This view hasn’t changed; only those who take it in.
There was a time when the same eyes that would have looked out on the Atlantic Ocean from the “Windward Coast” (“Ivory Coast”) would have looked out on what is now Central Park West. Of course, in 1850 there was no Central Park West.
A little more than 100 years later, the eyes of the succeeding generations would have looked out onto a drug-laden Upper West Side. They would have looked onto Amsterdam Avenue and probably not onto Central Park West. They would have looked down from soulless high-rises with broken elevators and the smell of urine in the stairwells. Heroine needles. The eyes of 1850 had a qualified power; they were landowners. The eyes of 1950 were emasculated tenants.
I sip my boutique coffee on the outcropping of schist that would have been here then but was probably sculpted after the Windward Coast eyes were told they must look elsewhere. I came here on a cool Sunday morning before church. I sit and sip and decide how long to stay. It’s my choice. I could stay longer if I wanted to.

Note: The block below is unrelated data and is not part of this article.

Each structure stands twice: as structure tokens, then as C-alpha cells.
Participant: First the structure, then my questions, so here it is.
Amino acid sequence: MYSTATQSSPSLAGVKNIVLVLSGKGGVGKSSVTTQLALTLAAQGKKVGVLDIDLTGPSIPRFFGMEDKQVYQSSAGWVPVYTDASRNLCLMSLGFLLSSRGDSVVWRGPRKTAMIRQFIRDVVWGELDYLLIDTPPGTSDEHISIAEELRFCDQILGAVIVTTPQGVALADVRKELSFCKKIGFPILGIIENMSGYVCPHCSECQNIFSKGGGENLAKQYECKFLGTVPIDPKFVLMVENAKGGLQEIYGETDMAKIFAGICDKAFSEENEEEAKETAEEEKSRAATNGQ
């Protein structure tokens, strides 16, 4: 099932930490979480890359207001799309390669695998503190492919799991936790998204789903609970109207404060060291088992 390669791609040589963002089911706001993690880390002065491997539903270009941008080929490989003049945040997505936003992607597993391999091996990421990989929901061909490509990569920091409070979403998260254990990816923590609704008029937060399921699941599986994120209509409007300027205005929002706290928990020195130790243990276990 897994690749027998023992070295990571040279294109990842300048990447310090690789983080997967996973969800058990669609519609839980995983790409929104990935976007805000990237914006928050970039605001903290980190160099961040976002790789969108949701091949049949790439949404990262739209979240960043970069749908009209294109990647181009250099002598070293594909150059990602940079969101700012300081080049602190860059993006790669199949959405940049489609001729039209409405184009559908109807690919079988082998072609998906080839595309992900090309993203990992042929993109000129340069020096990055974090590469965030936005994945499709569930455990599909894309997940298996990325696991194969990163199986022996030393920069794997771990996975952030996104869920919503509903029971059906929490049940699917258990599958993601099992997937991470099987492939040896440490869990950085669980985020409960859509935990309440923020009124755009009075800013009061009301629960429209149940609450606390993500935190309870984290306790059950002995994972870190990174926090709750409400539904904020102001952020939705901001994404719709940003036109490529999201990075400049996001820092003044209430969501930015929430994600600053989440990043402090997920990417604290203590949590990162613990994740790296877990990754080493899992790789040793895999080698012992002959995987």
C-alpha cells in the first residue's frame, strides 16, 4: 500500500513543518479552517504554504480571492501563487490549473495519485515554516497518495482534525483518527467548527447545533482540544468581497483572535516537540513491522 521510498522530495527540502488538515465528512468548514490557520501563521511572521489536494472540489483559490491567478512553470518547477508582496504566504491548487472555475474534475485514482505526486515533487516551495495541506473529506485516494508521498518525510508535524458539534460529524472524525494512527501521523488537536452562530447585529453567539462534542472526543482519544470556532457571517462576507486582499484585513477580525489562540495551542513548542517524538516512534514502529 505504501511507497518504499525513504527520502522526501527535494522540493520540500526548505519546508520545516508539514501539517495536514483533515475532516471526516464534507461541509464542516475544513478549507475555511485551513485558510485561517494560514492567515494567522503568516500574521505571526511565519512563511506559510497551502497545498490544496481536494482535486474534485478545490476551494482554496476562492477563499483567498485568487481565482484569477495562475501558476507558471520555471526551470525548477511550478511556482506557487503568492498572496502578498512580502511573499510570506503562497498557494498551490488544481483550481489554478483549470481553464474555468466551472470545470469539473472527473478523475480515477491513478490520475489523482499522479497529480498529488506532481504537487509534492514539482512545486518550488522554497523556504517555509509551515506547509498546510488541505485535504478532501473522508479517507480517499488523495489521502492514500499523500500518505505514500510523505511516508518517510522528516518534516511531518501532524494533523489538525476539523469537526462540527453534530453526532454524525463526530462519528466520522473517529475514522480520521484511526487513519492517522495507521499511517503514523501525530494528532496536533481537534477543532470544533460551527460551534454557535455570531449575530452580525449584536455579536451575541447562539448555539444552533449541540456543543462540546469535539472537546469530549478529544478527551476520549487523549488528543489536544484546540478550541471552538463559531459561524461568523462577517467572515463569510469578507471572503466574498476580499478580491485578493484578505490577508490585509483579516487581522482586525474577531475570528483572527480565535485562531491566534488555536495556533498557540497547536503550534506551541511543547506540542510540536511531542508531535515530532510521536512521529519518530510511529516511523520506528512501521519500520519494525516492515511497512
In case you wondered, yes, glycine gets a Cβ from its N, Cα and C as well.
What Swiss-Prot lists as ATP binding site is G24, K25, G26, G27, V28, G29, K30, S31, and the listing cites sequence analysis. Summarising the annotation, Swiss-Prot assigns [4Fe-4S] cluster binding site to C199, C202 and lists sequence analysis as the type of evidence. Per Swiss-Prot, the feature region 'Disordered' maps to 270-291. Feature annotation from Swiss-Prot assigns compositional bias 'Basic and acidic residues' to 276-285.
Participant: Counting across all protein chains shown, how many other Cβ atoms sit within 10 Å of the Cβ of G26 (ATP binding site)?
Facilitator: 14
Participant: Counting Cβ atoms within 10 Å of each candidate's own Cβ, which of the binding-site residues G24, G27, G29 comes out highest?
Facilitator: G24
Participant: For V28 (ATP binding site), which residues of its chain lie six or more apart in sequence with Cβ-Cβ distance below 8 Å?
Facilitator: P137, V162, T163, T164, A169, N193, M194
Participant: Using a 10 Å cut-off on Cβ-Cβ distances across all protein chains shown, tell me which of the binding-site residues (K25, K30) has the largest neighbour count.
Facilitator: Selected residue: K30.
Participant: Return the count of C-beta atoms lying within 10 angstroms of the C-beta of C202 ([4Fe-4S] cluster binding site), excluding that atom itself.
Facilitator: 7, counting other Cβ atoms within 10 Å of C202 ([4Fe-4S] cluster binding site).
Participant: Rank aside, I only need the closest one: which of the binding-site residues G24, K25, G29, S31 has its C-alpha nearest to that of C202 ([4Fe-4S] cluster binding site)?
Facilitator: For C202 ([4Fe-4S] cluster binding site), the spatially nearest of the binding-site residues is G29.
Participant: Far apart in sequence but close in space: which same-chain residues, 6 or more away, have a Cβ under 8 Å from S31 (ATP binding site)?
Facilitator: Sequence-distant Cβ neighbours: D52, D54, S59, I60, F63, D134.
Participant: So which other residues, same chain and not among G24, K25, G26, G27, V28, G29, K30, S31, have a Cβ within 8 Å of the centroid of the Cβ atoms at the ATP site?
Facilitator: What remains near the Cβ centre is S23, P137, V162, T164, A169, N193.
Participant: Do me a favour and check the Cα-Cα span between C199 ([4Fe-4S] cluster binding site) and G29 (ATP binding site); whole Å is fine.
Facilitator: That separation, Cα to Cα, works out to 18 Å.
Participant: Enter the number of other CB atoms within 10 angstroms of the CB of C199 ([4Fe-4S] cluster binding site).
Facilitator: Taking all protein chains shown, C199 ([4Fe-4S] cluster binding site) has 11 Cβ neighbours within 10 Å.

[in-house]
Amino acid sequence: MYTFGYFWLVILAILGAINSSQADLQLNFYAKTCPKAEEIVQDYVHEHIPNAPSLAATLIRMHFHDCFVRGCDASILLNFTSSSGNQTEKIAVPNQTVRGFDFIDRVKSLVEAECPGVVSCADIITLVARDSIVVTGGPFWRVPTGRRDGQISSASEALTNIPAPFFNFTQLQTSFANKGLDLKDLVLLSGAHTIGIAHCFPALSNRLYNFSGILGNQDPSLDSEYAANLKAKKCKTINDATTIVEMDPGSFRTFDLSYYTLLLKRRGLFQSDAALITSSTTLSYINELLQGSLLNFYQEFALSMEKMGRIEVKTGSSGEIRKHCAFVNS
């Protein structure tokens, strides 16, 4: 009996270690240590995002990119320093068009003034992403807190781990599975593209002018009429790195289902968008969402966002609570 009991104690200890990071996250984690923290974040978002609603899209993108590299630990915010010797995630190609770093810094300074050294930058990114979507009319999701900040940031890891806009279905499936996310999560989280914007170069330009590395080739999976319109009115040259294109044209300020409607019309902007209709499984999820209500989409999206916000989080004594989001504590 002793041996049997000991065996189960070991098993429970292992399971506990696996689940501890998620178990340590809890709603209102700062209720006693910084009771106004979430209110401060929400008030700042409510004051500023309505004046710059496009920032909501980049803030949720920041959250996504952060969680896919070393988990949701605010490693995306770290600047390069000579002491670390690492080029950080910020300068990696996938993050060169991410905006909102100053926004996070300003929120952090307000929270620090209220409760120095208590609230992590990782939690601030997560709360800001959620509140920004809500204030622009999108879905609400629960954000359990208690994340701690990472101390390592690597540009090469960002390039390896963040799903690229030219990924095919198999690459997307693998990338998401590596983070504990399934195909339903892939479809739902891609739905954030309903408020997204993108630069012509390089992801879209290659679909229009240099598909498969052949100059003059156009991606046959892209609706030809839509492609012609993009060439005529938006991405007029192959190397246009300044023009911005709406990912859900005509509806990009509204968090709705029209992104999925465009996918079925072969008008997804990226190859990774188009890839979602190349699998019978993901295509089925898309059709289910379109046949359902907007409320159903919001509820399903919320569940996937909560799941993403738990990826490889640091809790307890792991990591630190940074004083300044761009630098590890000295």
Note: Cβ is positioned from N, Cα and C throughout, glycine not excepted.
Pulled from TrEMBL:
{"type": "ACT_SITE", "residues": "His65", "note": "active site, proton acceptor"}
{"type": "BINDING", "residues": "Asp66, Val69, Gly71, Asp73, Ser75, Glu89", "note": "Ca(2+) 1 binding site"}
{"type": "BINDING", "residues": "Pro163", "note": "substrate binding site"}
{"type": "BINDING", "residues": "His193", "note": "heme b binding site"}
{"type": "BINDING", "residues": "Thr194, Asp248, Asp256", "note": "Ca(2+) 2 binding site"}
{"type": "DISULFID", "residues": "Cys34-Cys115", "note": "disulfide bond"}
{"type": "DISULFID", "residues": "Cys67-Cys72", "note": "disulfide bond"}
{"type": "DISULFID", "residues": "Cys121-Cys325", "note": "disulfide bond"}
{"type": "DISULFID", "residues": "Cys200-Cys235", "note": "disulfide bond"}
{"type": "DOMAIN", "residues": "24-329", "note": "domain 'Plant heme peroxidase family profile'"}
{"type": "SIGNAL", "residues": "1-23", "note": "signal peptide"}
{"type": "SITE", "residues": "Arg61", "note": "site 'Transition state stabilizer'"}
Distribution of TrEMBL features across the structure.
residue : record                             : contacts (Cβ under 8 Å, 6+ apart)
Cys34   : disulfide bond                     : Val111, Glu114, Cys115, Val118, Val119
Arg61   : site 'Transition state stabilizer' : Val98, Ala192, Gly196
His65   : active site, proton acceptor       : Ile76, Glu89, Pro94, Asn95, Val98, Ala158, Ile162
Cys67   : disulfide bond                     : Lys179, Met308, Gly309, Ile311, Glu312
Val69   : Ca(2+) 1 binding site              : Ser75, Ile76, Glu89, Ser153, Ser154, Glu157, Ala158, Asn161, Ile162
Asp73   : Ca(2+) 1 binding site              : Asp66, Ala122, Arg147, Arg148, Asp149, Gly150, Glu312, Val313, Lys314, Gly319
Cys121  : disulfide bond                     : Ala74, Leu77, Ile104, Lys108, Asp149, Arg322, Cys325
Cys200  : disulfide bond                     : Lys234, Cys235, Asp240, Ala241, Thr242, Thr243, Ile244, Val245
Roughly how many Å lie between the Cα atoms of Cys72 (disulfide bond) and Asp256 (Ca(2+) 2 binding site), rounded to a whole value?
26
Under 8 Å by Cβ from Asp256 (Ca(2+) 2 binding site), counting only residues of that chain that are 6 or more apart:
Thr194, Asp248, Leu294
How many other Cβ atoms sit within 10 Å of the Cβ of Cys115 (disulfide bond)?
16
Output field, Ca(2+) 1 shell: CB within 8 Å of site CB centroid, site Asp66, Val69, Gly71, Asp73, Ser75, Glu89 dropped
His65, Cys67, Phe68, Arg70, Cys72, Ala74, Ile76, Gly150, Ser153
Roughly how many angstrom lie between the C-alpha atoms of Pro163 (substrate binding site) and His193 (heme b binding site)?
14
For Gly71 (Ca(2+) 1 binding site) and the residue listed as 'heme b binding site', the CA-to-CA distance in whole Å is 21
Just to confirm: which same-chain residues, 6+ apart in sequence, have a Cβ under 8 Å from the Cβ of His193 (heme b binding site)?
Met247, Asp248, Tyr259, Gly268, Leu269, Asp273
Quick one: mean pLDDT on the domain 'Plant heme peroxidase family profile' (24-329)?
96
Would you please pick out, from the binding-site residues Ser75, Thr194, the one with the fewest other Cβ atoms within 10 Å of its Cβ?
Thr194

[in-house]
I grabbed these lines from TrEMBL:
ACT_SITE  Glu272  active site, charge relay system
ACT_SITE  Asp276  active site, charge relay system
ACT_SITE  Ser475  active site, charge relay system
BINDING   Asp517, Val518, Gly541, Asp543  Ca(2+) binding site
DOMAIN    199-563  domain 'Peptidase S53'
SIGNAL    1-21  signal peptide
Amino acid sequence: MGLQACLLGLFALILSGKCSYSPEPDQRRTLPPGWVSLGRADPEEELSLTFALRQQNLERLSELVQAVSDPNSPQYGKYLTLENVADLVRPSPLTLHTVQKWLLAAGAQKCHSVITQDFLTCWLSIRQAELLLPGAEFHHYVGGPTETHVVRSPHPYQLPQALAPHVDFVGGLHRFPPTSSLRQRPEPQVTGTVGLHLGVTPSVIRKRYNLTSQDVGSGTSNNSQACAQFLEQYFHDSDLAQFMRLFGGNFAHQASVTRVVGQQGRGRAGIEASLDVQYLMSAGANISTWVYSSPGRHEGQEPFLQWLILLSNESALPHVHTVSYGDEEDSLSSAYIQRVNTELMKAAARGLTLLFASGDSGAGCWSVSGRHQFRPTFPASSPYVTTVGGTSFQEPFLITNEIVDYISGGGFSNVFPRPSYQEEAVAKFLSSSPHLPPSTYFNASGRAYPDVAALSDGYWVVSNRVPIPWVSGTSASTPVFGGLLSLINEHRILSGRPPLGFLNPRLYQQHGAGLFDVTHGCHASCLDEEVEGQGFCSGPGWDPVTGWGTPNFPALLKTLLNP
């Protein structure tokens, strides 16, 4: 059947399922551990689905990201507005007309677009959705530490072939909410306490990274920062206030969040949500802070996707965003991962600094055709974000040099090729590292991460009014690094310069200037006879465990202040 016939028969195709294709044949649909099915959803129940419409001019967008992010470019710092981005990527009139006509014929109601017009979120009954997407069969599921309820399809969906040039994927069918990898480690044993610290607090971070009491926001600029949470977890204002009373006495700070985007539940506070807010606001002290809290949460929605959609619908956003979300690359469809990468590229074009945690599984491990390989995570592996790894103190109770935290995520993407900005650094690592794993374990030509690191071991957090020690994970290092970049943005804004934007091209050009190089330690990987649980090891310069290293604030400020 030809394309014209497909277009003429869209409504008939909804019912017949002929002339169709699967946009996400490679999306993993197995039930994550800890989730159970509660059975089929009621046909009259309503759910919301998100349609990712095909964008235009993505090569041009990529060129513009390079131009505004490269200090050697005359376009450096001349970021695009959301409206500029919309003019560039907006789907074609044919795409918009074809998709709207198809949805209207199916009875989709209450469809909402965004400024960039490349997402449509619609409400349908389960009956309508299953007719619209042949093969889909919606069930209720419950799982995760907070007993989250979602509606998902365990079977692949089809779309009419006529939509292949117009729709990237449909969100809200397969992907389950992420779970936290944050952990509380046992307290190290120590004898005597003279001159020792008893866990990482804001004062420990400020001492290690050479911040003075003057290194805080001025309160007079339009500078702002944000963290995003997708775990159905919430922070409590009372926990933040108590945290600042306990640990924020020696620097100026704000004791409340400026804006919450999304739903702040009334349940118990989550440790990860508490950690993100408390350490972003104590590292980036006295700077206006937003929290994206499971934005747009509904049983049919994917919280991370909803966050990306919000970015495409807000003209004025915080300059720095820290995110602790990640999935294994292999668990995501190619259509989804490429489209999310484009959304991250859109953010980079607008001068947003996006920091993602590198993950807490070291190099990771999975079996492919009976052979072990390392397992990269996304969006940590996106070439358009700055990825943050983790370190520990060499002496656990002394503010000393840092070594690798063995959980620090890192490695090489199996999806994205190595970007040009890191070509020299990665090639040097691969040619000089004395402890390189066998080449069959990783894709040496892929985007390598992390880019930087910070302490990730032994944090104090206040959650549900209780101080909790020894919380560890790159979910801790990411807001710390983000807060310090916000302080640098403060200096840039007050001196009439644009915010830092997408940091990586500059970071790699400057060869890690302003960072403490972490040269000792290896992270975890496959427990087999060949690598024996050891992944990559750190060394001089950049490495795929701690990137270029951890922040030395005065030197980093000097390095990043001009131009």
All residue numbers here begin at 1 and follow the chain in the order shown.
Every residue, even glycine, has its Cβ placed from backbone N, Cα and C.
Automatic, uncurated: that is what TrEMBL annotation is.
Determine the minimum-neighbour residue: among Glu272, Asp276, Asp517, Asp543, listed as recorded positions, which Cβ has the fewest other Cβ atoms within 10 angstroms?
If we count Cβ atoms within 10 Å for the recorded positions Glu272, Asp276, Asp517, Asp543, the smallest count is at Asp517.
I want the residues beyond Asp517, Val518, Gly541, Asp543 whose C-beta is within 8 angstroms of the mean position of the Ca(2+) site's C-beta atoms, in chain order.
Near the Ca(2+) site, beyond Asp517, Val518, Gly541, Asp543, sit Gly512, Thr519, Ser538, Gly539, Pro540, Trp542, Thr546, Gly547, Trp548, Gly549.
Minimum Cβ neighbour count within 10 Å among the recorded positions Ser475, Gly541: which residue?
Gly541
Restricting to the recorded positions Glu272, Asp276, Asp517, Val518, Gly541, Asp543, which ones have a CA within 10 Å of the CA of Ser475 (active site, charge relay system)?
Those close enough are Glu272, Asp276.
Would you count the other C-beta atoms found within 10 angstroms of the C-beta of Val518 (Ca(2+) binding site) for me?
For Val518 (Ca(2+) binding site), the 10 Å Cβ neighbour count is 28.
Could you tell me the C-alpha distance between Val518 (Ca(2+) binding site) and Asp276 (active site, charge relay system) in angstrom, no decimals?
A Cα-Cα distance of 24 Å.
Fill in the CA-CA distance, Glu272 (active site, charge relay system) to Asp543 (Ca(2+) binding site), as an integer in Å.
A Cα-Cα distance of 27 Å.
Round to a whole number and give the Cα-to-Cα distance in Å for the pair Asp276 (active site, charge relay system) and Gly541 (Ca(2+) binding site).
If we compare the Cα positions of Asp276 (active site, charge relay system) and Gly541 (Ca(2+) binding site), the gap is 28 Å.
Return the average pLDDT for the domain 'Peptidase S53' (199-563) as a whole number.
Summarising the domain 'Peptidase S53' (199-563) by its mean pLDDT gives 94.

Where I sit was once, “possibly…Manhattan’s first stable community of African American property owners,” as described by the descendant organization that benefited from an early use of eminent domain to oust the community itself along with everyone else in the surrounding 843 acres.
Owners were compensated for their land. Some moved and reestablished themselves. Others did not.
It is one thing to compensate for land.
It is another to compensate for place.